Live Chat 10/30: 10 Metrics to Improve Procurement Performance

In order to clearly demonstrate its value to the organizations and to achieve continuous improvement, procurement organizations need to measure performance in a variety of ways. However, most organizations aren't using the most useful metrics.

“If you polled most procurement executives today, about their number one metric, and what they are measured against, it remains cost reduction. That's still importnat but there are other emerging metrics that allow procurement organizations to find new sources of value,” said Richard Waugh, vice president of corporate development at Zycus.

We'll be talking with Waugh about his top 10 list of procurement metrics to find out both about how traditional metrics can remain useful and how new metrics should be applied for additional information.

Join us in the EBN Chat Area tomorrow, Thursday, October 30, at 2:00 p.m. EST (11:00 a.m.) PST for a lively discussion. In the meantime, click on the image below to see the top 10 procurement metrics that add value to procurement performance.

— Hailey Lynne McKeefry, Editor in Chief, EBN Circle me on Google+ Follow me on Twitter Visit my LinkedIn page Friend me on Facebook

8 comments on “Live Chat 10/30: 10 Metrics to Improve Procurement Performance

  1. Hailey Lynne McKeefry
    October 31, 2014

    Take a look at our archived dialogs to see the conversation about this topic. We had some great questions! Thanks to all who attended.

  2. Hailey Lynne McKeefry
    October 31, 2014

    What are the most important metrics used by your purchasing organization? Are there metrics that you are abandoning as less useful?

    November 3, 2014

    I understand why “cost reduction” is the number one metric for most but I would have hoped that some execs valued other metrics just as highly.  Metrics that differentiate or innovate can sometimes be more rewarding in the grand scheme.

  4. Ashu001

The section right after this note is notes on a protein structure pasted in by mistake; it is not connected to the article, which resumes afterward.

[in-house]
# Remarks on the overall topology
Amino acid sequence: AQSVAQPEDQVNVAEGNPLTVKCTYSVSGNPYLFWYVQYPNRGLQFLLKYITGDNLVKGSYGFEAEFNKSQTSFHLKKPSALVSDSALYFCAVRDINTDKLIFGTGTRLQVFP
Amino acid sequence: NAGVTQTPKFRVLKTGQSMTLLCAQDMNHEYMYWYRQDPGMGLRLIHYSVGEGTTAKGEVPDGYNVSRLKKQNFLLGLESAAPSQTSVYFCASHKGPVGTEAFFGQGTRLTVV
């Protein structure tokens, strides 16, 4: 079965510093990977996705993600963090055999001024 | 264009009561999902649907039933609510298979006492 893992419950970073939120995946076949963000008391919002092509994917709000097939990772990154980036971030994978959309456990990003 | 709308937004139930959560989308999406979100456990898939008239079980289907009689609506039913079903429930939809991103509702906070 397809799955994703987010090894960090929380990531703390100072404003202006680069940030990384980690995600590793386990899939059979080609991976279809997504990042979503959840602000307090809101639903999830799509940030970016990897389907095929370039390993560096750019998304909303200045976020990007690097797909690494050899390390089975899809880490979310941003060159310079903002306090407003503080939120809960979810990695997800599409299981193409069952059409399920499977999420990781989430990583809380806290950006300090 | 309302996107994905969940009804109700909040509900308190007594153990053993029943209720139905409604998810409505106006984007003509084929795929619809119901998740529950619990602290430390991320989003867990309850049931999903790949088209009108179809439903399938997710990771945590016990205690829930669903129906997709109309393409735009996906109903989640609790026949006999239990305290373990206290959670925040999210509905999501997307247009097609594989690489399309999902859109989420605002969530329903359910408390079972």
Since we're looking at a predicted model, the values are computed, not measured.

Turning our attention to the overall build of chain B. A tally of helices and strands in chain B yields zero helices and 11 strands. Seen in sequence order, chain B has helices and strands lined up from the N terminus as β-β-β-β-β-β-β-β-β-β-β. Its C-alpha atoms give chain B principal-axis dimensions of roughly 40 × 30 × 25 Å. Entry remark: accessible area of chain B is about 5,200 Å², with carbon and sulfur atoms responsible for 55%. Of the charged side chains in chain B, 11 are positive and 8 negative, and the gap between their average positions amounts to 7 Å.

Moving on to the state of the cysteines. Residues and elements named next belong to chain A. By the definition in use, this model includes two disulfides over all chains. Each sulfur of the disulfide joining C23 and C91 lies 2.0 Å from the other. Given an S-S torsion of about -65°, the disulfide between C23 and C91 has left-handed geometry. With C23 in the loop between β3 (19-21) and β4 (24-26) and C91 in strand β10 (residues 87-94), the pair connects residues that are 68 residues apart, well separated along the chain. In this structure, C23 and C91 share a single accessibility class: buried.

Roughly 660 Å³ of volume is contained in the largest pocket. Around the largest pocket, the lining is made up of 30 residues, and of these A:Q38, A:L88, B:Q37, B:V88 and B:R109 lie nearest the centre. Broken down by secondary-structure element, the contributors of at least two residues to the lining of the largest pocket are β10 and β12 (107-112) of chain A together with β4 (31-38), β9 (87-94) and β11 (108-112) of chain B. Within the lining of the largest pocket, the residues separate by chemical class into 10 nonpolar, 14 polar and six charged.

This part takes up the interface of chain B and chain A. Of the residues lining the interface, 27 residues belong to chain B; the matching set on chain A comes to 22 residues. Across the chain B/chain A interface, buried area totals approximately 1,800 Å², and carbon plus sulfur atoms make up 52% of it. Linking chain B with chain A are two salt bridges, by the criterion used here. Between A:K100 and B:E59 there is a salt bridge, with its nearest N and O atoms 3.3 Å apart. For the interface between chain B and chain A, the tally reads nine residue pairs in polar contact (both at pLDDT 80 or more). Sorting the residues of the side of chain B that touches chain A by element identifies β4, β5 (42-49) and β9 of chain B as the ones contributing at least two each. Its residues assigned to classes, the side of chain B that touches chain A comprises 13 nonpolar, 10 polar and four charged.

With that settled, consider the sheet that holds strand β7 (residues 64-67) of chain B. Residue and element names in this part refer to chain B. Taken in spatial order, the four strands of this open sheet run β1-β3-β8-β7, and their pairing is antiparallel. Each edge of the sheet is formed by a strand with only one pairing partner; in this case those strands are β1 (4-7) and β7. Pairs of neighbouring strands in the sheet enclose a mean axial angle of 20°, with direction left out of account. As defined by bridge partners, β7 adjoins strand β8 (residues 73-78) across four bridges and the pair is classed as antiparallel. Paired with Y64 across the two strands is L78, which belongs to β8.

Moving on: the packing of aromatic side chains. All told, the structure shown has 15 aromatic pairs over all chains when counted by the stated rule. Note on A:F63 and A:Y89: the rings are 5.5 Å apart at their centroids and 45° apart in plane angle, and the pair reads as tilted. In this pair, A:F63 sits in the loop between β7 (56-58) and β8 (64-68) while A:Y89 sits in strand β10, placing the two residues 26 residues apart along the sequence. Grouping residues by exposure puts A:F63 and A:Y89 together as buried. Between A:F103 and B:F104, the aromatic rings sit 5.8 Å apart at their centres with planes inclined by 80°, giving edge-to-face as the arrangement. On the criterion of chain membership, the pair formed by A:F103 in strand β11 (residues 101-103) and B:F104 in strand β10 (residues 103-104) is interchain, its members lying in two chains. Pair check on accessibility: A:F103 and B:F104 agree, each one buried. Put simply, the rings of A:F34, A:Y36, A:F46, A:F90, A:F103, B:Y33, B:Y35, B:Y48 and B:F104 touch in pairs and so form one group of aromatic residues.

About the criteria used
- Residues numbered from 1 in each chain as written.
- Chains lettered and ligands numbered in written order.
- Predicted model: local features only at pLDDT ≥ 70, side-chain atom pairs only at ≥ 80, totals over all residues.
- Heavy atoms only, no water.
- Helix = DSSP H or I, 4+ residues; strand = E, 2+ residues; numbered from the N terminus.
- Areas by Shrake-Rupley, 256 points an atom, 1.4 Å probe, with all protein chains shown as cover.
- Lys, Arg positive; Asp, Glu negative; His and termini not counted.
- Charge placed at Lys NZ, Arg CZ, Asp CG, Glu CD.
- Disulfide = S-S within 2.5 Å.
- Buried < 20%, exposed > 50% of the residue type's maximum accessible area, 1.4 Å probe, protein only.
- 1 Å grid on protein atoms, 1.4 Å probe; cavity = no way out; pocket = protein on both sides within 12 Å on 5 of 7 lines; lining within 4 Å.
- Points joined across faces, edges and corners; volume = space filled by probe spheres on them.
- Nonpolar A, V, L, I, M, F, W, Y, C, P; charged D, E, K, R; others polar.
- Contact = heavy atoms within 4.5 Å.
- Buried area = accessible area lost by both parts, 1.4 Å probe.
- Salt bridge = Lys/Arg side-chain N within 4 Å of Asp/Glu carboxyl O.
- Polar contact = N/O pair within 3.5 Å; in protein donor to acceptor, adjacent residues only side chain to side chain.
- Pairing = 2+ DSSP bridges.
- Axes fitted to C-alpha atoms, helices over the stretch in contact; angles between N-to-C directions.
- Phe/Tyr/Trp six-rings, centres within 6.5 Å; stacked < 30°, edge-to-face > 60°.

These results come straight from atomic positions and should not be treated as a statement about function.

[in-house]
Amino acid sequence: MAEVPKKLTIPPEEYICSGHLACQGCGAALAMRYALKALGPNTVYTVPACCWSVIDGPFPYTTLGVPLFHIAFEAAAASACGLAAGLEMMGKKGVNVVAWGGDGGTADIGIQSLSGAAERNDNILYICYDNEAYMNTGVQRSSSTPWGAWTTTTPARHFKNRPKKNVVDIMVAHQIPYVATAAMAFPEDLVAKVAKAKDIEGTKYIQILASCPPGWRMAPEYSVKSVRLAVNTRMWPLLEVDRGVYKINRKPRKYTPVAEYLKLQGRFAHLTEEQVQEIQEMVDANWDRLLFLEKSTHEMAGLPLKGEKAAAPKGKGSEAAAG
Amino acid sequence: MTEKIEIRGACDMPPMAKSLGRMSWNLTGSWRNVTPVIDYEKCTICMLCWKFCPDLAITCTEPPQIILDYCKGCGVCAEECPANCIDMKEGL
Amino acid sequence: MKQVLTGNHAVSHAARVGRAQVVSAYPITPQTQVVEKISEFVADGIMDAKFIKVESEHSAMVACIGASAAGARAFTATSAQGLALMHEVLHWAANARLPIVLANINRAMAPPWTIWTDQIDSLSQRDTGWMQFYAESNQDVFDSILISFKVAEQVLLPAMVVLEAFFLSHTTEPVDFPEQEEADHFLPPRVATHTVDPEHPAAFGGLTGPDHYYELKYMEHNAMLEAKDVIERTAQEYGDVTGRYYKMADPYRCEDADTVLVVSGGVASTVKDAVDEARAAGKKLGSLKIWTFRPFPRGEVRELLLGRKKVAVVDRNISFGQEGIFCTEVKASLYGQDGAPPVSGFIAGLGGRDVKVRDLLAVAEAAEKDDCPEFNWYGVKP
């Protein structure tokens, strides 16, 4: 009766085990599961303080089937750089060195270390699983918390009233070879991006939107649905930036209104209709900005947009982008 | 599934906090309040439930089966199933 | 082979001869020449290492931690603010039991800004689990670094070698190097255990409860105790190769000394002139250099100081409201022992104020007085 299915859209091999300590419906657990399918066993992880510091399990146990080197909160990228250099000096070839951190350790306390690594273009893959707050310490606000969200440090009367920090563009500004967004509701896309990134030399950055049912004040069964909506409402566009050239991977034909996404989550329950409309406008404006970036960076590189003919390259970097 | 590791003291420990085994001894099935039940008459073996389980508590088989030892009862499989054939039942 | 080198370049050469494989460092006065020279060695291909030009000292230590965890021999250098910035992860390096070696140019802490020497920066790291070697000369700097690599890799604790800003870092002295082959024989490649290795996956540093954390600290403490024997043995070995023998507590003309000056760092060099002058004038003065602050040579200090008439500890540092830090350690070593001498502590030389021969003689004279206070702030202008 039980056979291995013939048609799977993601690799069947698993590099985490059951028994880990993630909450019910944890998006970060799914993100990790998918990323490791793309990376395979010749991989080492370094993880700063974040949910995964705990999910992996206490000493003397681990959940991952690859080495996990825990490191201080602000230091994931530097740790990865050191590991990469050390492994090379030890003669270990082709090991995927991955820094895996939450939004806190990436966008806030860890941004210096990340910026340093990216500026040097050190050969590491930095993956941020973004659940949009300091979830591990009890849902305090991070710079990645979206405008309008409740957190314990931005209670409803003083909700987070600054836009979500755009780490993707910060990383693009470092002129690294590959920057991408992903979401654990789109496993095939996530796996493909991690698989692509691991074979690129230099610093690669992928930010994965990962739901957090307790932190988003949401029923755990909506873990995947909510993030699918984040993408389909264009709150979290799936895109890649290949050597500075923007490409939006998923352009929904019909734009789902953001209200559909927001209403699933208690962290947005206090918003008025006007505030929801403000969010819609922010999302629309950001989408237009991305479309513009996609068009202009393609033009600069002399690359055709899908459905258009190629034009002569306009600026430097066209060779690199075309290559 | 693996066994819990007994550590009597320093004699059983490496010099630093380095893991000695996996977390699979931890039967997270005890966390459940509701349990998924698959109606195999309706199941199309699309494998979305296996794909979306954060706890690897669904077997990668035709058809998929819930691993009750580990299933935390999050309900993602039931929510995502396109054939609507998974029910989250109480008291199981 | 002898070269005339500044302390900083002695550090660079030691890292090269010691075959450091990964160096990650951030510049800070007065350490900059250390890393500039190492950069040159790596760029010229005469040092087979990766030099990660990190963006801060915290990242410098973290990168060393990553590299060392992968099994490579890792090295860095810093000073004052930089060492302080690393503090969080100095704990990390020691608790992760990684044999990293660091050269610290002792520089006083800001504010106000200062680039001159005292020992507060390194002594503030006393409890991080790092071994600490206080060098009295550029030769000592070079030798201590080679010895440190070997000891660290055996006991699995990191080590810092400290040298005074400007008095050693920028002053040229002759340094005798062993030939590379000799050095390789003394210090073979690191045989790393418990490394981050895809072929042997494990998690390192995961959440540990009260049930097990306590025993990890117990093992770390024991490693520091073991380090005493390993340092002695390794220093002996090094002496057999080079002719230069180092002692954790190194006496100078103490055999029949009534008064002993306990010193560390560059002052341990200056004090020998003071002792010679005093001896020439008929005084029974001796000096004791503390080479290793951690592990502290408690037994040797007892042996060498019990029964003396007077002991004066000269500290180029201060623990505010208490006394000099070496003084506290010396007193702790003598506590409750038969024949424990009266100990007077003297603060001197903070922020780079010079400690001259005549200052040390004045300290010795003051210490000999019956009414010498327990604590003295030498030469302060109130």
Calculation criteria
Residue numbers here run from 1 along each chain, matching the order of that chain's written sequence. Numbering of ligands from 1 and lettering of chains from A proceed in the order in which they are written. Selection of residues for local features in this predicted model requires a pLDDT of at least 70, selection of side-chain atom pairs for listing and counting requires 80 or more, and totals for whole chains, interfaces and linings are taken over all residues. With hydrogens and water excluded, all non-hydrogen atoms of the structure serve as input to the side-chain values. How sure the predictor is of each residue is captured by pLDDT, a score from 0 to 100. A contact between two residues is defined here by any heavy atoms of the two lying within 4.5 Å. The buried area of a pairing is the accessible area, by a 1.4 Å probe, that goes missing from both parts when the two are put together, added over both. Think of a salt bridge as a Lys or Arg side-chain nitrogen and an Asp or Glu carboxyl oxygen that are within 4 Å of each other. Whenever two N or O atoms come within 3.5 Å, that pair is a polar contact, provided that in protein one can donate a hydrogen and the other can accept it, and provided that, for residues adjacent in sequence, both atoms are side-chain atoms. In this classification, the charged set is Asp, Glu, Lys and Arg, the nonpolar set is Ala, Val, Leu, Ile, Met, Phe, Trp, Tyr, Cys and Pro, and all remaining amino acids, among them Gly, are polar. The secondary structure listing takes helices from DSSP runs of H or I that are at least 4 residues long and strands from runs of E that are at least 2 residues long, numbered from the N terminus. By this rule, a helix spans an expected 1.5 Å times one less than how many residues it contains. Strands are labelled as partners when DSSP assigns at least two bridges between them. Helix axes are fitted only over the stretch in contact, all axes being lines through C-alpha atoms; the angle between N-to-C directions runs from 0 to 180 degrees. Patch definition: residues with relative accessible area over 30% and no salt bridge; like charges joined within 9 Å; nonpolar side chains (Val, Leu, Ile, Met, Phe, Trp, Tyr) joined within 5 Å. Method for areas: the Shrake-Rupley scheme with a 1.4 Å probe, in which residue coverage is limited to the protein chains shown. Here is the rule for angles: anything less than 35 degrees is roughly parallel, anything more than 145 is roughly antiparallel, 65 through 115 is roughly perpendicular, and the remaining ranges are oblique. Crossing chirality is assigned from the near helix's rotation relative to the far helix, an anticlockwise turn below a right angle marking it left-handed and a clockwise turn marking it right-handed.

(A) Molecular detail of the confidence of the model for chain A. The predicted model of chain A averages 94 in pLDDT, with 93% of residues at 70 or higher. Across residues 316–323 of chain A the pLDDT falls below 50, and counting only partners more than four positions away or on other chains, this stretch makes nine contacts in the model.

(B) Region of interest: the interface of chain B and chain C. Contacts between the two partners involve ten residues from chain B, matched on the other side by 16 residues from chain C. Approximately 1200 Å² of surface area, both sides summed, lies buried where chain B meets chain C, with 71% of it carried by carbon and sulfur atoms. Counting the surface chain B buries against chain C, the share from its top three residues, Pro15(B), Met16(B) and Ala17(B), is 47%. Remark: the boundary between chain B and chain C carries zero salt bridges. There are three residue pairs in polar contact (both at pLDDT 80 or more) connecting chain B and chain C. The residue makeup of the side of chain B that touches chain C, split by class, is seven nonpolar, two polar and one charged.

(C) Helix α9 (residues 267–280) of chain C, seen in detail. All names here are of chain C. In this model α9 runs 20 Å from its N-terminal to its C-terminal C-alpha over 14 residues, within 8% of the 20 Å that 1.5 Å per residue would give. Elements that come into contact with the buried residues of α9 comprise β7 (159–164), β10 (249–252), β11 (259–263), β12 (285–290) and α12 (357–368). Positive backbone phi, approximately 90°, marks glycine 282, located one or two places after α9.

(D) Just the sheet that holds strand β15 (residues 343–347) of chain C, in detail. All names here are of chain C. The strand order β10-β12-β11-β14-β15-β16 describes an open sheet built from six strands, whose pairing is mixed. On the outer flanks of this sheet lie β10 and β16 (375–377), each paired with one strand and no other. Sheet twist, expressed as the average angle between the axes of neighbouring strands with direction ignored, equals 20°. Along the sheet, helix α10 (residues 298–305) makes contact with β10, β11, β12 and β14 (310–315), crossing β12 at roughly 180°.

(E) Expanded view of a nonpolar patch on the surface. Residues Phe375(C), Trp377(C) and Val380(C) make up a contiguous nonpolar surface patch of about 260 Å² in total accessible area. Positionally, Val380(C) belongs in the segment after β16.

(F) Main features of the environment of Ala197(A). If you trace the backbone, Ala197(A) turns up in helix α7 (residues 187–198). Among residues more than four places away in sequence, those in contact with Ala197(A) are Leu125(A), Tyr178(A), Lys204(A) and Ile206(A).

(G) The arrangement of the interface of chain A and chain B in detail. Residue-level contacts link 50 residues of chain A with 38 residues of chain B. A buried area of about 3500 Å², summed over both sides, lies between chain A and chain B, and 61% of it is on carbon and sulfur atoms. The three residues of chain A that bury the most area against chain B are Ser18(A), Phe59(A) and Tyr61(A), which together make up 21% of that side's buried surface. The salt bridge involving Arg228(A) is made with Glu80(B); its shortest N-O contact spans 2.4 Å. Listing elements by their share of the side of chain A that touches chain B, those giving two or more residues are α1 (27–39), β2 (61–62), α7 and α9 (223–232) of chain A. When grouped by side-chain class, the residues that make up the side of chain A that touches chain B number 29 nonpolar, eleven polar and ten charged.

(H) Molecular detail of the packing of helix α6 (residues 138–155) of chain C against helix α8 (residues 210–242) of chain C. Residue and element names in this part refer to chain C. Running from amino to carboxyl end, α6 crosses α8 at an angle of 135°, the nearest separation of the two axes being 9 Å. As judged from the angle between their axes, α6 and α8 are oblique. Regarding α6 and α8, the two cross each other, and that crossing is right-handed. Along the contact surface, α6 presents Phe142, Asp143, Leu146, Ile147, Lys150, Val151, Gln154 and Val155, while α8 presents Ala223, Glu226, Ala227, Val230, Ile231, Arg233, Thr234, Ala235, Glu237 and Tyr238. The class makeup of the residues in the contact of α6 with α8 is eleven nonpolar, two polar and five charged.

November 4, 2014


    What you point out is quite a fair criticism of most Supply Chain managers out there.

    However(or unfortunately) this is the way things are structured at most Firms today(including Executive Compensation packets).

    One of the first things any Analyst asks the Company CEO,CFO,etc on Conference Calls is what is the Share Buyback going to be? What is the Dividend Payout going to be?

    Almost nobody asks the following Questions-

    1)how much are you spending on R&D?

    2)Will you be raising Employee(Rank& File) salaries aggressively to recruit Best in Market Talent across the Board?

    3)what are you doing to become more Environmentally sustainable going ahead?

    4)What are you doing to ensure that you are always ahead of the curve in this space?


    I hope you get the picture here.

    Unless the Wall Street Community changes tack (or the company goes Private)none of these pressures are going away.



  5. Hailey Lynne McKeefry
    November 4, 2014

    @flyingscott, i think that newer metrics are emerging. Richard put cost reduction at #5 for exactly that reason. It's one that you can only take so far–you cut to the bone and you are done.

  6. Hailey Lynne McKeefry
    November 4, 2014

    @Tech4People, you make a good point about being willing to invest in talent. I would add that organizations should also be willing to invest in helping thier supply chain pros get additional education so that they can then apply newly-gained expertise to the organizations's supply chain activities.

  7. Ashu001
    November 22, 2014


    Education is a never-ending game.

    You stop learning and you stop Innovating.

    Anyone who wants to continue to stay at the top of the Game here has no choice but to keep getting educated and learning new stuff over and over again.

    Its an undisputed fact .

    All this additional Education and newly gained expertise applied in the Supply Chain can change the way the Supply Chain works for sure;Saving Companies tremendous time and Money in the process.


  8. Ashu001
    November 22, 2014


    Newer Metrics are always emerging but how many of those are long-term sustainable and so should be implemented into Basic Supply Chains?

    I was recently reading about the UK's first “Poo Bus”;and it really had me thinking can we actually design Supply Chains like that which are 100% sustainable and Self-Sustaining?

    Think about it;You won't really need Diesel,Natural Gas or Electricity to power your City Buses anymore if this technology really kicks on on a mass scale-

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